The real question that arises over possible post-election coalition arrangements “is whether South Africa’s people will rally to defend themselves”.

So writes IRR analyst Terence Corrigan in the Institute’s latest report, A Question of Fate: An ANC-EFF coalition in 2024?

Corrigan observes in the conclusion of the report: “South Africa is fortunate that it does have the potential for significant resilience and resistance to these risks: a free society (at times anarchically so), a diverse media, a vibrant civil society, and a respected judiciary. Perhaps the question is whether South Africa’s people will rally to defend themselves.

“‘There is no fate but what we make for ourselves.’ So goes a line from the long-running science fiction Terminator franchise. As South Africa approaches a landmark election, it is a timely piece of advice.”

A Question of Fate suggests that an ANC-EFF coalition would likely follow a populist pattern, based on an examination of the respective ideological underpinnings and manifestos of the two parties.

The implications would be profoundly important for the country.

The paper speculates that an ANC-EFF coalition would attempt rapidly to expand welfare and redistribution, while simultaneously circumventing the constitutional and institutional limits currently in place. This would likely come with an aggressive narrative of combating supposed enemies.

Such strategies have in other contexts often been motivated by severe socio-economic stresses and the failure of confidence in existing institutions. These conditions certainly exist in contemporary South Africa, driven in large part by choices that have consciously been made by political actors. Indeed, elements of the populist agenda have already been enacted.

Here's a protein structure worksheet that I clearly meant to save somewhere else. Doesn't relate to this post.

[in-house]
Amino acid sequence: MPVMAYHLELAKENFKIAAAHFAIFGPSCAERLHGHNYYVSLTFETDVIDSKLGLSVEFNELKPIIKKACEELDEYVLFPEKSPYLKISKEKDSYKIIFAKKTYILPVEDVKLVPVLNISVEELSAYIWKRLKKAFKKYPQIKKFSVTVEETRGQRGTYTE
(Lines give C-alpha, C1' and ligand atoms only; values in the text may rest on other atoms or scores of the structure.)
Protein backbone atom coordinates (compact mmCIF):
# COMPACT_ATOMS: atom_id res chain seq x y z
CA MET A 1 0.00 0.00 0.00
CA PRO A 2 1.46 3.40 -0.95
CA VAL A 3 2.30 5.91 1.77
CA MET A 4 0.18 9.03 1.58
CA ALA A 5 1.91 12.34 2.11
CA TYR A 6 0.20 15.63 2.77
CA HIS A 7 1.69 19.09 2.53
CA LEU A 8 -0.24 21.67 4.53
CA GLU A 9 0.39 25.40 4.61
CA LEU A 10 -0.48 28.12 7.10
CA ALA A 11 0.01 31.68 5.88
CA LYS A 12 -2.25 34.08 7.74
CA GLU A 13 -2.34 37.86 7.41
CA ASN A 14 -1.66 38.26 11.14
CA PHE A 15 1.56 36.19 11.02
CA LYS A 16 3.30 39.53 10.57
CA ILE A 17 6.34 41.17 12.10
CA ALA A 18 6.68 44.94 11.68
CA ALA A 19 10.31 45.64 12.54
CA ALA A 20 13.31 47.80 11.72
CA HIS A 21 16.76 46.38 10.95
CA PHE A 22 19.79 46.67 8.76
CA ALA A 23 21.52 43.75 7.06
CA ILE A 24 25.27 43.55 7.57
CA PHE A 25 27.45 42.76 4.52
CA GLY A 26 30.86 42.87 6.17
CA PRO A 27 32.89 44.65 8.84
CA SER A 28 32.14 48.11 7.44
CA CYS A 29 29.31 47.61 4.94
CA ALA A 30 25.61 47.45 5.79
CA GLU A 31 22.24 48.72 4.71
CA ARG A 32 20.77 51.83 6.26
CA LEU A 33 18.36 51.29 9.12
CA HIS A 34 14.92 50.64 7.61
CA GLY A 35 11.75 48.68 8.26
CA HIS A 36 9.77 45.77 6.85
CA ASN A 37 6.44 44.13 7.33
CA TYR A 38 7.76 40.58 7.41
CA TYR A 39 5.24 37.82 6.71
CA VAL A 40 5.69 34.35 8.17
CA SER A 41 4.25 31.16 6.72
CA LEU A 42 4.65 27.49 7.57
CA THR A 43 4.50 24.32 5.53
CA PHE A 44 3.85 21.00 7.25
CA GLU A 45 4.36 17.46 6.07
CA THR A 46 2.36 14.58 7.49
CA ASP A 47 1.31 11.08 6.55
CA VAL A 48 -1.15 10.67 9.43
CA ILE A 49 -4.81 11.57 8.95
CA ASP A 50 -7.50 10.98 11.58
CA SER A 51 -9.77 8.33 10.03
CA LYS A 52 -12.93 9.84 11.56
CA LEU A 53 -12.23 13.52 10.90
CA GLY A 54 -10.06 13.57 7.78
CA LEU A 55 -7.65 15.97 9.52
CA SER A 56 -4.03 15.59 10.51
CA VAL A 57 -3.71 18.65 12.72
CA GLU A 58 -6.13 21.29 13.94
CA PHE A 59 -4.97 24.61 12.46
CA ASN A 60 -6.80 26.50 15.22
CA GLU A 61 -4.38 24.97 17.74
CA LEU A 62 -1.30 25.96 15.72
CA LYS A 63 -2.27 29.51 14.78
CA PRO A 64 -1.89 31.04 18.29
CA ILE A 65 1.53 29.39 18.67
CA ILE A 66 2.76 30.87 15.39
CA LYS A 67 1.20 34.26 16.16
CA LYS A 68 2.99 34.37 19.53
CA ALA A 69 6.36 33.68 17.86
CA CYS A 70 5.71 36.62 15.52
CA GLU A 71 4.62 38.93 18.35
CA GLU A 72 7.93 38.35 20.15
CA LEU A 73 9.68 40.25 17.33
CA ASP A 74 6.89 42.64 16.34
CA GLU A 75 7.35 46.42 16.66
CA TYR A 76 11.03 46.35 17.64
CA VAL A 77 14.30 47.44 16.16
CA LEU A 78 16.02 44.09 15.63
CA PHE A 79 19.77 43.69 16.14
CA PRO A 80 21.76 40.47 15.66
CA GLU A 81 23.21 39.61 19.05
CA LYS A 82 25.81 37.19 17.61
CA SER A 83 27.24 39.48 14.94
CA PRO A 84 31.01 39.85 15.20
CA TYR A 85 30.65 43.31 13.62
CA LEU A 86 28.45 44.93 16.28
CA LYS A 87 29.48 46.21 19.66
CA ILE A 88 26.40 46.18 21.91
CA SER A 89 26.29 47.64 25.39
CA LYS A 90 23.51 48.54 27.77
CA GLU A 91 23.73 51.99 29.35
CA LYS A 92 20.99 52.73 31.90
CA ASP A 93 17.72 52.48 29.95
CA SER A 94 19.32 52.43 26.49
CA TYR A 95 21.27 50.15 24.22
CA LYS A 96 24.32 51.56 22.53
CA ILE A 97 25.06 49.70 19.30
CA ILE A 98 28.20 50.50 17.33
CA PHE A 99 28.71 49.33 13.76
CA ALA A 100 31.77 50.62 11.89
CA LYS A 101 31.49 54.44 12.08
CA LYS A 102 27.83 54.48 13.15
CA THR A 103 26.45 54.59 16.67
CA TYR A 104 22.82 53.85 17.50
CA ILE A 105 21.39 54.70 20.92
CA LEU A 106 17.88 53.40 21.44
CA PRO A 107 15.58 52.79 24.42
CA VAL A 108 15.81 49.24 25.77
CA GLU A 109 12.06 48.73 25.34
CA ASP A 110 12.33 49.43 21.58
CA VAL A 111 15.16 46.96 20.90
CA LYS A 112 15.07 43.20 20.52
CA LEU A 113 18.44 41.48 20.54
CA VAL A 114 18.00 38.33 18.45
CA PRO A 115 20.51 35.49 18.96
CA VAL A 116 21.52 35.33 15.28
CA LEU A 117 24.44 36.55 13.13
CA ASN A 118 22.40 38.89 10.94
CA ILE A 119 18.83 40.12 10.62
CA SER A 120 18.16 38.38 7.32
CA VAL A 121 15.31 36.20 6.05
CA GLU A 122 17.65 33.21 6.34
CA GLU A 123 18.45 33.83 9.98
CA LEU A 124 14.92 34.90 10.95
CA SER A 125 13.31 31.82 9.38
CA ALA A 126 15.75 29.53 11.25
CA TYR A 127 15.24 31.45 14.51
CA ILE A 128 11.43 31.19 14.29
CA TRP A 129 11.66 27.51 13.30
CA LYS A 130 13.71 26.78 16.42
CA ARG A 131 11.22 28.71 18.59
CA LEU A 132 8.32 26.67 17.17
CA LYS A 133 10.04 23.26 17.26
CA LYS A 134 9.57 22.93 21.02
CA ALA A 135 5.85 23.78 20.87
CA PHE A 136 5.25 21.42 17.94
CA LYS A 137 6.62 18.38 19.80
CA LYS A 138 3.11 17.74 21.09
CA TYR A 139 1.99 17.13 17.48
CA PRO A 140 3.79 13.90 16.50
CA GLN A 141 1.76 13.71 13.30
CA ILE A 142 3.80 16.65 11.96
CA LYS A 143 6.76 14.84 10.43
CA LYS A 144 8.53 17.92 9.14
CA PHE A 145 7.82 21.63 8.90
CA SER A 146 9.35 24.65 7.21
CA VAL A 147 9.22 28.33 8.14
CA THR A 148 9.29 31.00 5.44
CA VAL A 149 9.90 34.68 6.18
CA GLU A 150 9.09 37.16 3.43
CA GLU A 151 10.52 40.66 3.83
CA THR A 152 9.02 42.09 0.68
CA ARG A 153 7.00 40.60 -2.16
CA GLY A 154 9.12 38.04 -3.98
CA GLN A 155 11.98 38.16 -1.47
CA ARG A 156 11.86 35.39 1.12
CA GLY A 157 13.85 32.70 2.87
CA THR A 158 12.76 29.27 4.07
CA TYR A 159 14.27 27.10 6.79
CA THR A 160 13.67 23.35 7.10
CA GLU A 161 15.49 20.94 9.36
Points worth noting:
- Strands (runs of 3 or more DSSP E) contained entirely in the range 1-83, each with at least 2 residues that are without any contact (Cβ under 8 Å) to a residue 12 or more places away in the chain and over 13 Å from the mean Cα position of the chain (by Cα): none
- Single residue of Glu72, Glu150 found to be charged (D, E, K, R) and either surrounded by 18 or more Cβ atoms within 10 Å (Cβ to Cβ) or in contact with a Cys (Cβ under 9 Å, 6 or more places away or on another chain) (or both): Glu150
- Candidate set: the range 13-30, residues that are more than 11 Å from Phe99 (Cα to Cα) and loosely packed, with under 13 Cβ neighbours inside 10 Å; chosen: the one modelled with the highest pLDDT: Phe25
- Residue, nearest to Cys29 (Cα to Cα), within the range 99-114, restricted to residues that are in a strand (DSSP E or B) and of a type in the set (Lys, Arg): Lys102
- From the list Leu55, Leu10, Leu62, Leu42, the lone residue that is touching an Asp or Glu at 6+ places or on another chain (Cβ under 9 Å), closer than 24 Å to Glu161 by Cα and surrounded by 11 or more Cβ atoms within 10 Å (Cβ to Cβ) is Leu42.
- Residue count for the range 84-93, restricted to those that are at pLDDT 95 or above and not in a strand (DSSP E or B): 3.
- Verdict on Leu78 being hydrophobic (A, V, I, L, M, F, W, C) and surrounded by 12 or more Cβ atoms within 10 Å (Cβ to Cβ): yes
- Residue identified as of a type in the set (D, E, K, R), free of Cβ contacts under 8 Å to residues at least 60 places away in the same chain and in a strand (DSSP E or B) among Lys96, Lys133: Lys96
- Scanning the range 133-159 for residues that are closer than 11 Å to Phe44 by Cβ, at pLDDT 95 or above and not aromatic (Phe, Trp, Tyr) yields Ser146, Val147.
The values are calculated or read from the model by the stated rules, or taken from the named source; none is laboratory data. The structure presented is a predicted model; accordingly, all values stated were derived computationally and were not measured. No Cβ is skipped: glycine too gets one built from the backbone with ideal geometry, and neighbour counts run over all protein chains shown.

Experience of this sort of political strategy elsewhere has invariably proved deleterious. After a brief period in which it appears to be working, the room for economic manoeuvre shrinks and the unsustainability of the strategy becomes manifest. Attempts to correct these failures are expressed in attacks on institutions intended to hold governments to account.

Corrigan concludes: “South Africa’s history has gone through numerous instances in which the odds of prevailing circumstances and the choices of political actors defied expectations. It is not impossible that an ANC-EFF coalition could do likewise.

“But on the available evidence, this is difficult to imagine. Neither party has over the past decade demonstrated a reassuring commitment to probity in governance, or to prudence in politics, and while credit should be given to the ANC for having not lurched in a fiscally populist direction thus far, the cumulative effect of economic choices made has pushed South Africa to a point where that would be appealing.”

Noting the importance of “the experiences of democratic decline and populist insurgencies elsewhere”, Corrigan cautions: “It is a salutary reminder of the course that history can take that countries like Venezuela and Zimbabwe were once regarded as stable and prosperous, and as democracies, albeit imperfect ones.”

*The report was launched on Monday with an online discussion between Corrigan and Nicholas Lorimer, which you can watch here: